Appreciating Black Authors

Here are three talented authors you should read this Black History Month


Kiley Reid

New York Times bestselling author Kiley Reid is known for her ability to bring wittycharacters and page-turning plots to life. She effortlessly “satirizes the white pursuit of wokeness” according to The Atlantic in her popular 2019 fiction novel, “Such a Fun Age.” Reid’s debut novel is a compelling coming of age work in which the main character, 25-year- old Emira Tucker, shares her life and forms her identity as a Black woman in America navigating the complexities of transactional relationships. Film rights to the novel have been acquired by Emmy-winning producer Lena Waithe, so fans expect a screen adaptation is in the works.


Toni Morrison

You’ve probably heard the name in English class, but in EL, students don’t get to read much of her work besides “Song of Solomon” in AP Lit. Morrison is worth reading, especially for those who want to challenge themselves with her complex characters and gut-wrenching stories. As one of the most celebrated authors in the world, Morrison has won countless awards for her work, including the Pulitzer Prize and the Presidential Medal of Freedom. Since the fiction novel’s publishing in 1987, “Beloved” has endured the test of time as one of the best novels about slavery and racism in America. The story follows a dysfunctional family of formerly enslaved people haunted by the spirit of a malevolent young woman.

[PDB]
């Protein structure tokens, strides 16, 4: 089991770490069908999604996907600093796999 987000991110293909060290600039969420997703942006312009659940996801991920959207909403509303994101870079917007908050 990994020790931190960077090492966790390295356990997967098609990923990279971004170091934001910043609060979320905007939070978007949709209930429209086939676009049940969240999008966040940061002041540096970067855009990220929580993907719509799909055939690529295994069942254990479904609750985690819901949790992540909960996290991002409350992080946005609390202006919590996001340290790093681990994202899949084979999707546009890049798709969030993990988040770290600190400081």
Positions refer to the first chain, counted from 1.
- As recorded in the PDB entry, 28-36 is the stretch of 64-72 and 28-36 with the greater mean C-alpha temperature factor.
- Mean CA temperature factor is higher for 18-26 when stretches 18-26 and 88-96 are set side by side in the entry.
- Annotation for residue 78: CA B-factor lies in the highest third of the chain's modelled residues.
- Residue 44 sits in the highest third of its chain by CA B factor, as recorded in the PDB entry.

Dr. Ibram X. Kendi

While his written works became widely popularized over the summer of 2020 when the Black Lives Matter movement was gaining attention and support, he has been one of the leading figures in antiracism education for well over a decade in academic spaces. Kendi has published 14 books and many essays on antiracism targeted towards a wide array of audiences from children’s books to novels. He is also now the Director of Boston University’s Center for Antiracist Research. In his memoir “How To Be an Antiracist,” the historian forms an accessible discussion

on the connections between ethics, history, science, and law that bring readers beyond an awareness of racism and teaches them how to actively participate in the formation of an equitable society.